Updated on January 16, 2016
Yarn dying at home!
I got home from a long office day and decided that I needed to do something hands-on and creative. My computer legs were tired of sitting.
I took one long look at my yarn stash and finally decided I would attempt to dye my own yarn.
I originally wanted to wait until I had the perfect project in mind but tonight was all about experimentation.
Dye Yarn at Home Supplies
– white natural fiber yarn divided up into 50 gram hanks(ie. wool)
– 2 ziploc bags with zipper closure per hank
– 2 cups of acid (lemon juice or white vinegar) per hank
– warm water
– rubber/latex gloves
– RIT dye in choice colors
– mason jars or plastic containers to mix dye in
– paper towel for testing colors
– metal pans for holding yarn while dying
– microwave for baking dye in
I pulled a skein of Lion Brand Fisherman’s wool and divided it into manageable hanks.
In order for the RIT dye to stick, the yarn had to soak in an acid base. I had enough to do half the yarn with lemon juice and the other half with white vinegar. I’ve heard mixed reviews about using different acids. I’ve heard vinegar can leave a smell, while lemon juice may affect the coloring of the dye.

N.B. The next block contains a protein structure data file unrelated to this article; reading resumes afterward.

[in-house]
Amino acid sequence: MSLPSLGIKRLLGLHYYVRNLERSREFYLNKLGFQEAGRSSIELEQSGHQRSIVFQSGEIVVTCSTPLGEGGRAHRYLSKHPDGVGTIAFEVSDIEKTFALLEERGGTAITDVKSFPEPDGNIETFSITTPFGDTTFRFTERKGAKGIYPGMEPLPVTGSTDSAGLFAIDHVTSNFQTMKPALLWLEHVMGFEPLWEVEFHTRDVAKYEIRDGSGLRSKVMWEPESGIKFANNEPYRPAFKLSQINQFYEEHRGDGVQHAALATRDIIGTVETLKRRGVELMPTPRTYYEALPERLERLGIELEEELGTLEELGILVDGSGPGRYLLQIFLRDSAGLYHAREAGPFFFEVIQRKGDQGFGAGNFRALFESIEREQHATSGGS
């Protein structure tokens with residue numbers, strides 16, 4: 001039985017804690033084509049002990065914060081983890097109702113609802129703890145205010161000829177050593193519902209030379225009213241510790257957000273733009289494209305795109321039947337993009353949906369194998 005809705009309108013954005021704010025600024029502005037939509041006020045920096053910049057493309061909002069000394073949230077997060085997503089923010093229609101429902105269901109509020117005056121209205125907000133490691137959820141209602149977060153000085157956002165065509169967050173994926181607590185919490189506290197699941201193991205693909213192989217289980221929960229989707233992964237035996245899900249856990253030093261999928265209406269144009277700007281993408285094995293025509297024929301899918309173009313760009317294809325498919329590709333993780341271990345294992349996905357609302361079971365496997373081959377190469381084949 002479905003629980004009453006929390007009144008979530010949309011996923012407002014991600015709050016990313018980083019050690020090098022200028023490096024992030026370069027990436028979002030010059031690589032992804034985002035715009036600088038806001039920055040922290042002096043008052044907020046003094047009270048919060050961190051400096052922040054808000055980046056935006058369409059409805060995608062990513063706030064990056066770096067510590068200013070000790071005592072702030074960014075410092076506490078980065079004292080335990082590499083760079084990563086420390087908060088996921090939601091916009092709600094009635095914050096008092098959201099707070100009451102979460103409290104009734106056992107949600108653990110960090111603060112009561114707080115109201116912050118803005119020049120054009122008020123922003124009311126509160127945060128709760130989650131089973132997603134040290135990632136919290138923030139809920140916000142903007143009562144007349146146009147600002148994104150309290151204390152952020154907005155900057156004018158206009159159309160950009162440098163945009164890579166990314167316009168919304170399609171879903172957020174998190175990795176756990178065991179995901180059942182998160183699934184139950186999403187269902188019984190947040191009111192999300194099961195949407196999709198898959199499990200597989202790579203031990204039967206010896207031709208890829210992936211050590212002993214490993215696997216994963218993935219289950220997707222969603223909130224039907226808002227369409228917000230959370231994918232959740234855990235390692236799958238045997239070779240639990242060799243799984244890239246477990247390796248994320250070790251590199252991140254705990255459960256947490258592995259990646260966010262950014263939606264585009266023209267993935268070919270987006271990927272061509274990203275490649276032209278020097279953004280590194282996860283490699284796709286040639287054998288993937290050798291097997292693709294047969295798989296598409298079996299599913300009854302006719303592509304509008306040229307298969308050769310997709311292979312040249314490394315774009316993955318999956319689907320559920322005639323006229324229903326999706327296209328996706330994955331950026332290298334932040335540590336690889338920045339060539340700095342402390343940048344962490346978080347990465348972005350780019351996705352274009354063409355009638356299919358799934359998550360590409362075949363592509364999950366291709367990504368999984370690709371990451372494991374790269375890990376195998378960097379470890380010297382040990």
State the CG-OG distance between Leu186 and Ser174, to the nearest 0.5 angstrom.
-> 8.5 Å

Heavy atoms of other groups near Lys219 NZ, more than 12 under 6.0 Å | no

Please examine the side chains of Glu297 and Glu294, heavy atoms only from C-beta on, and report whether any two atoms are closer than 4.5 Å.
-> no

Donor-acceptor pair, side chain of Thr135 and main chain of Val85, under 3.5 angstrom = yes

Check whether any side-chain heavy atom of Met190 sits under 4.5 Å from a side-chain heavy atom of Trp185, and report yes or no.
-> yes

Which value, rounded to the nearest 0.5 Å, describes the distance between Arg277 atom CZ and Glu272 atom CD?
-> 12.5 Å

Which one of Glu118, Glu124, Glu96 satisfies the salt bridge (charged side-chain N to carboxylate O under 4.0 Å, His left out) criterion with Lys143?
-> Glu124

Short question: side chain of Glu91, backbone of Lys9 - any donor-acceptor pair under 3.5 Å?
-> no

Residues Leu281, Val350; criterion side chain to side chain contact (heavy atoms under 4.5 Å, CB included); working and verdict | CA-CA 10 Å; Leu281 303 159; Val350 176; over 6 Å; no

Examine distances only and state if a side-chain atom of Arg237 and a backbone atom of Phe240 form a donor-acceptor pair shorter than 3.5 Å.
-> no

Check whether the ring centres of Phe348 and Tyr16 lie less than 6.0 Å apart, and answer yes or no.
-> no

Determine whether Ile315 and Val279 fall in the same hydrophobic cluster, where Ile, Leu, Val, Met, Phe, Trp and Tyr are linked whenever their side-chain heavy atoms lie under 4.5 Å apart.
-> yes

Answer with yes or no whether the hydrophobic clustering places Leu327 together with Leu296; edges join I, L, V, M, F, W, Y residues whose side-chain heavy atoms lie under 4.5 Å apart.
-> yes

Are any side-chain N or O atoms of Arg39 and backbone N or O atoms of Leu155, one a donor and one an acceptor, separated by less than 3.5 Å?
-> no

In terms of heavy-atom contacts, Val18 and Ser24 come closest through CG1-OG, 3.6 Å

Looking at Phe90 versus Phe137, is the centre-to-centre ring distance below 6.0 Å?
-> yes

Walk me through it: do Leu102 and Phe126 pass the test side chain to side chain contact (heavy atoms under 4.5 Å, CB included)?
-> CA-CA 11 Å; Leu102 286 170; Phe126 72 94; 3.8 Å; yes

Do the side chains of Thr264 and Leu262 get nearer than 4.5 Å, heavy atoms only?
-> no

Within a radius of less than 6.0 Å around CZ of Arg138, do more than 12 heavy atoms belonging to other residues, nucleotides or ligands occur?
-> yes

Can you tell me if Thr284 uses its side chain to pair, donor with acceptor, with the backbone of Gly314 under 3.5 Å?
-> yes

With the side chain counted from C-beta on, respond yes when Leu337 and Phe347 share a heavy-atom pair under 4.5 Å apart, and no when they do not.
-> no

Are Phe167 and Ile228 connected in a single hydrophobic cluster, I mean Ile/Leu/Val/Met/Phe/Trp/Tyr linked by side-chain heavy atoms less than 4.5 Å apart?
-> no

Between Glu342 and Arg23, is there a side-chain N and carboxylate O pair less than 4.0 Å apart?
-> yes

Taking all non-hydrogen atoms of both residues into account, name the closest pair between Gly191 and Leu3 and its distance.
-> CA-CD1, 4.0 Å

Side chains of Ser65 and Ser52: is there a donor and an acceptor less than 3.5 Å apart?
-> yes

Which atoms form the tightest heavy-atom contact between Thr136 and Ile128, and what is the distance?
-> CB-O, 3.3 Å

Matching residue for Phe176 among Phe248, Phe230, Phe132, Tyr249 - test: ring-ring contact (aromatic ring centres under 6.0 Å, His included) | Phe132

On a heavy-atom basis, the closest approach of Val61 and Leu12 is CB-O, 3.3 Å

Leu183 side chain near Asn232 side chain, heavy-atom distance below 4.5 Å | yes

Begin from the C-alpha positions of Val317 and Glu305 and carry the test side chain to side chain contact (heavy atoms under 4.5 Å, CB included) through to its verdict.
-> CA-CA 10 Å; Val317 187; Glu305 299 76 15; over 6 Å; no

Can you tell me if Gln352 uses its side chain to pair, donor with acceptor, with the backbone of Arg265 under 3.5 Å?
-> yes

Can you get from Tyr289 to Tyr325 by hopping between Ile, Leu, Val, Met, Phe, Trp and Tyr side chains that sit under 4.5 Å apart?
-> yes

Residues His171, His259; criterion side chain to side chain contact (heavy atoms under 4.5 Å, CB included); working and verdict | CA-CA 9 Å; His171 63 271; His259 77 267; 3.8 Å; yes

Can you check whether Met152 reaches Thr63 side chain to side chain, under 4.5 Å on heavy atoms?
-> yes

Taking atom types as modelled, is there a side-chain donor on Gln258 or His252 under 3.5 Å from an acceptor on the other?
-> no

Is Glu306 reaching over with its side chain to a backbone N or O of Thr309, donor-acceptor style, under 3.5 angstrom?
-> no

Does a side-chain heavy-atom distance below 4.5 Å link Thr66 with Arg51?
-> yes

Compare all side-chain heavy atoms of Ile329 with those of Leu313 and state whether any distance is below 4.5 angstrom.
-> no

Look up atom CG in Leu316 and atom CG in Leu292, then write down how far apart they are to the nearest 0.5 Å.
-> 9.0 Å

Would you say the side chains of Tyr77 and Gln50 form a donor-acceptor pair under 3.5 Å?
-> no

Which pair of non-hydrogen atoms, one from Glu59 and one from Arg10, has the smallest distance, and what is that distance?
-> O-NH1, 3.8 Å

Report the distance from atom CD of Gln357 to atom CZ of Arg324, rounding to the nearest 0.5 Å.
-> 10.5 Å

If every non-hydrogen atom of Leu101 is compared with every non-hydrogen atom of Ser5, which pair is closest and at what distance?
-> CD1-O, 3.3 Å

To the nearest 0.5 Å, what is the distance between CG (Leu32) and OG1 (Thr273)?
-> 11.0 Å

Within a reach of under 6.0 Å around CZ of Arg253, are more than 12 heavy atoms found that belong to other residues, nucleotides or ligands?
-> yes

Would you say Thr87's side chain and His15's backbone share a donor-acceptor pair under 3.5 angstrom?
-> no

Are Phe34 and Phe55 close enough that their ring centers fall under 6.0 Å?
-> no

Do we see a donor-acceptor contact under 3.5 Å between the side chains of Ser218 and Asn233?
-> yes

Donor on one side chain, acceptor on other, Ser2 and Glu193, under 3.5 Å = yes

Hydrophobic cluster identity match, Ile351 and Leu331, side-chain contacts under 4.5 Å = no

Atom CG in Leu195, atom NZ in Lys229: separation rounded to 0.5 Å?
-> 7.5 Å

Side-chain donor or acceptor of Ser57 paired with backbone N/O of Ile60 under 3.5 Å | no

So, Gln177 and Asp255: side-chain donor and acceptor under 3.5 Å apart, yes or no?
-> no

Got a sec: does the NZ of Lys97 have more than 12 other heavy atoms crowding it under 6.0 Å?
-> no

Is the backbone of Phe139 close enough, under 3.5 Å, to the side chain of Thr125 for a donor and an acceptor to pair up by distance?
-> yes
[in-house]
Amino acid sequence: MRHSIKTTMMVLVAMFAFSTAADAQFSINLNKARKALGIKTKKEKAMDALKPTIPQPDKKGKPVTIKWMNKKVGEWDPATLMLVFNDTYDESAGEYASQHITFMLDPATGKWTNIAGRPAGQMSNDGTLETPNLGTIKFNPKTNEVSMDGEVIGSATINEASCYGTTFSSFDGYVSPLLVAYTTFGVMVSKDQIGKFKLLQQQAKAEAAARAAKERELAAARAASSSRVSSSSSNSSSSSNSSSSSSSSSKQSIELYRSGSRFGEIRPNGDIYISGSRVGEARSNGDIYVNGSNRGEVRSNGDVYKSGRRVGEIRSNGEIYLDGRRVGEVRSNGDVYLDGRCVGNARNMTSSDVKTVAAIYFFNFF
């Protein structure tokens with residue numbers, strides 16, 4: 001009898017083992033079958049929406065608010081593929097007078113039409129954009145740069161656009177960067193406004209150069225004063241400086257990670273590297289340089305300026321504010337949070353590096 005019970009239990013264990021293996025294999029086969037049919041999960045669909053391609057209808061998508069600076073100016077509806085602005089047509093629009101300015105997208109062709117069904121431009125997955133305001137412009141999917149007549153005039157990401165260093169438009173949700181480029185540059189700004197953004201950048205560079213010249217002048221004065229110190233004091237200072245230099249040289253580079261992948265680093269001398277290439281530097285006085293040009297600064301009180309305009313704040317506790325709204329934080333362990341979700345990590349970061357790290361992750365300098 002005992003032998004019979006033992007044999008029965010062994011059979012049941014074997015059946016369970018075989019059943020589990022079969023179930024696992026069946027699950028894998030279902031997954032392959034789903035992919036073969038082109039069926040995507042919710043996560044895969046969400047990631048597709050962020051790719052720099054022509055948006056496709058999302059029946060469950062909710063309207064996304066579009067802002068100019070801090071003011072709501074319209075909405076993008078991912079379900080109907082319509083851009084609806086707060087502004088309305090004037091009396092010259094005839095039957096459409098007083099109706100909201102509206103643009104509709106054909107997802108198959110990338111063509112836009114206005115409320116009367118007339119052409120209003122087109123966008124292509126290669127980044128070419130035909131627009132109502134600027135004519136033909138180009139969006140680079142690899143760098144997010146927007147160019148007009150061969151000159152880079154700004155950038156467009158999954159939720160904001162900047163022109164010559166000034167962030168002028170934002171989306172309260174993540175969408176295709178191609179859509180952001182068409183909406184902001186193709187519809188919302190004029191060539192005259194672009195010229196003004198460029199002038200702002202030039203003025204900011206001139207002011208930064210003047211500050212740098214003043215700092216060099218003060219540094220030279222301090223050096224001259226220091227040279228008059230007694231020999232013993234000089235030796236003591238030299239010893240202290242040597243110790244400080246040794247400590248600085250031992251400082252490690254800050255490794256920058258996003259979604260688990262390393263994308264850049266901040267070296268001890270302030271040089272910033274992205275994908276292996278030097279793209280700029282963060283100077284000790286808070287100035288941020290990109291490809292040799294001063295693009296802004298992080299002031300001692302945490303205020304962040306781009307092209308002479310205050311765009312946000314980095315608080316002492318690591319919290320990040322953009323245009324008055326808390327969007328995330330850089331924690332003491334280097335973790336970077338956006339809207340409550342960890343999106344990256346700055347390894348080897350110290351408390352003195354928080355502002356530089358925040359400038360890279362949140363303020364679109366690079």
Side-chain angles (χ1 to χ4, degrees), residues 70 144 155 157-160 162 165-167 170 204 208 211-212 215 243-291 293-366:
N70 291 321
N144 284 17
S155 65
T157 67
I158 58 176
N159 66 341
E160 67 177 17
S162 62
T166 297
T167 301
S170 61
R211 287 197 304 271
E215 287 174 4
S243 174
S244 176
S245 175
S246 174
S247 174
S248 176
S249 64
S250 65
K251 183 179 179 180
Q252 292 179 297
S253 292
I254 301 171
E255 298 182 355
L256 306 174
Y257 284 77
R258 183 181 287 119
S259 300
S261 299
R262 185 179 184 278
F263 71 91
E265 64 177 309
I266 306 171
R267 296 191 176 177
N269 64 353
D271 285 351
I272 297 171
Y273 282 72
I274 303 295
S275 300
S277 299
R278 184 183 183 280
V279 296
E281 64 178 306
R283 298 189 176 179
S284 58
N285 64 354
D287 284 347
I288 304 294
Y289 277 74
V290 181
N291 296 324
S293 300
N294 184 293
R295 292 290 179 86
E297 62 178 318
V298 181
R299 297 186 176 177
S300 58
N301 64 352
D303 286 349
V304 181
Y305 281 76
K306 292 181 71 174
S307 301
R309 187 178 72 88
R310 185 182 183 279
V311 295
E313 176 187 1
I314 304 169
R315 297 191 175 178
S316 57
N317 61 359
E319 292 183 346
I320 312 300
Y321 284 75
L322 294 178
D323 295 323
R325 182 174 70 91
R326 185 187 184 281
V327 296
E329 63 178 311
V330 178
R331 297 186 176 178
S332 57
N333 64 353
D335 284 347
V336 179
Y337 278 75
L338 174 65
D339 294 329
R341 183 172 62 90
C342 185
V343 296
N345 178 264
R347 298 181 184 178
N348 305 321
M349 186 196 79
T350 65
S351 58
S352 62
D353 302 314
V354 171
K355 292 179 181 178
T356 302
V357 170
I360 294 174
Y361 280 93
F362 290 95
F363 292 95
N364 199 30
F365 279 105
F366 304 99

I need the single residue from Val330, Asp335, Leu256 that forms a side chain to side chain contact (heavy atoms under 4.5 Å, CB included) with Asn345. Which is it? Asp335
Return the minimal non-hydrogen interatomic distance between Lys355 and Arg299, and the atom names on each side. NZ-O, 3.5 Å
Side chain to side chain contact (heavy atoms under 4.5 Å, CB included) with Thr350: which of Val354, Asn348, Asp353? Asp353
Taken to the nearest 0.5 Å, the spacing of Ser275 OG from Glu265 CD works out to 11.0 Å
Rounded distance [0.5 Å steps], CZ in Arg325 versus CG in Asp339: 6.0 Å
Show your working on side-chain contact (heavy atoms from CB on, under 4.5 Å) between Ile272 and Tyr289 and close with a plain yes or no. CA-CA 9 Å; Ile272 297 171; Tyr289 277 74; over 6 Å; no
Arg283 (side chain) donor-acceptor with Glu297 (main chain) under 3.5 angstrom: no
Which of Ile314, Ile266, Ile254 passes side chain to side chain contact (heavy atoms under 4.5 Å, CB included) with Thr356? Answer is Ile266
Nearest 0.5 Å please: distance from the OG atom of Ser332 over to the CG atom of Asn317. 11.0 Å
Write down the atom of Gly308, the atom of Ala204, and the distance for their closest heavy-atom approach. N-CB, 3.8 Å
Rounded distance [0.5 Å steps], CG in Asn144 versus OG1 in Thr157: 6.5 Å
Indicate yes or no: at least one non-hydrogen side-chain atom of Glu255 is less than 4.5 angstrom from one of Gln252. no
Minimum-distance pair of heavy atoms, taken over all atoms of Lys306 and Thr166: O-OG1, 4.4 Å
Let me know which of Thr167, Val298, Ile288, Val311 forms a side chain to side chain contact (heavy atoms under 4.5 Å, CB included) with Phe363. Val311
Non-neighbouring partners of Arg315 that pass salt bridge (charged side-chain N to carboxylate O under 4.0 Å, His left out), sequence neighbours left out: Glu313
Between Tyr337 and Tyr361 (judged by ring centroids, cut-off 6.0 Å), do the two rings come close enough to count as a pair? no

I filled gallon plastic ziploc bags with luke warm water, the acid and my yarn and let them soak for about 20 minutes, until I felt they were fully submerged.
My darling husband got home around this time.
“Guess what!!! I’m dying yarn! Want to help?” Of course he is sweet enough to say yes.
I give him half the yarn and we begin the fun part. Mixing colors.
Mixing color hint * add dark colors into light colors to get desired color, otherwise you may use the entire bottle trying to lighten up a dark color.
I carefully mix colors using a piece of paper towel to examine the true color of the murky black water. I look up and see the HB haphazardly mix and dump and stir and dunk. I corrected him and he looks up and frowns. He makes the point that it’s art so how can I correct that? He was right, so I shut up.
Dye tip * If you create a color you are happy with you can add water to make a lighter shade of the same color.
We drizzle, sponge and squeeze our yarn until we are happy with the results.
Dye tip* to create a corrugated look, dye parts of the same hank different colors. For stripes, make separate small hanks and dye each full circle its own color.
DONE DYING? You gotta double bag your dyed yarn, it may leak…No one wants that. Fill the bags with water until the yarn is covered. I then microwaved the bags, alternating between two to prevent them from getting too hot, for 1 minute 30 seconds. Do this until the water in the bags is mostly clear.
The deeper colors never fully cleared up, but once I wasn’t the yarn, the colors stayed pretty brilliant.
After “cooking” the yarn, I washed each hank in the sink to get out any extra dye and lay them out to dry.
I balled up each color and gave them names! “Raw Hamburger Meat” “Eye of the Storm” “Lemon Grass” and “Blue Robin.” I have to hand it to him, my love is quite the dyer. His turned out the best! Now I just need the perfect patterns…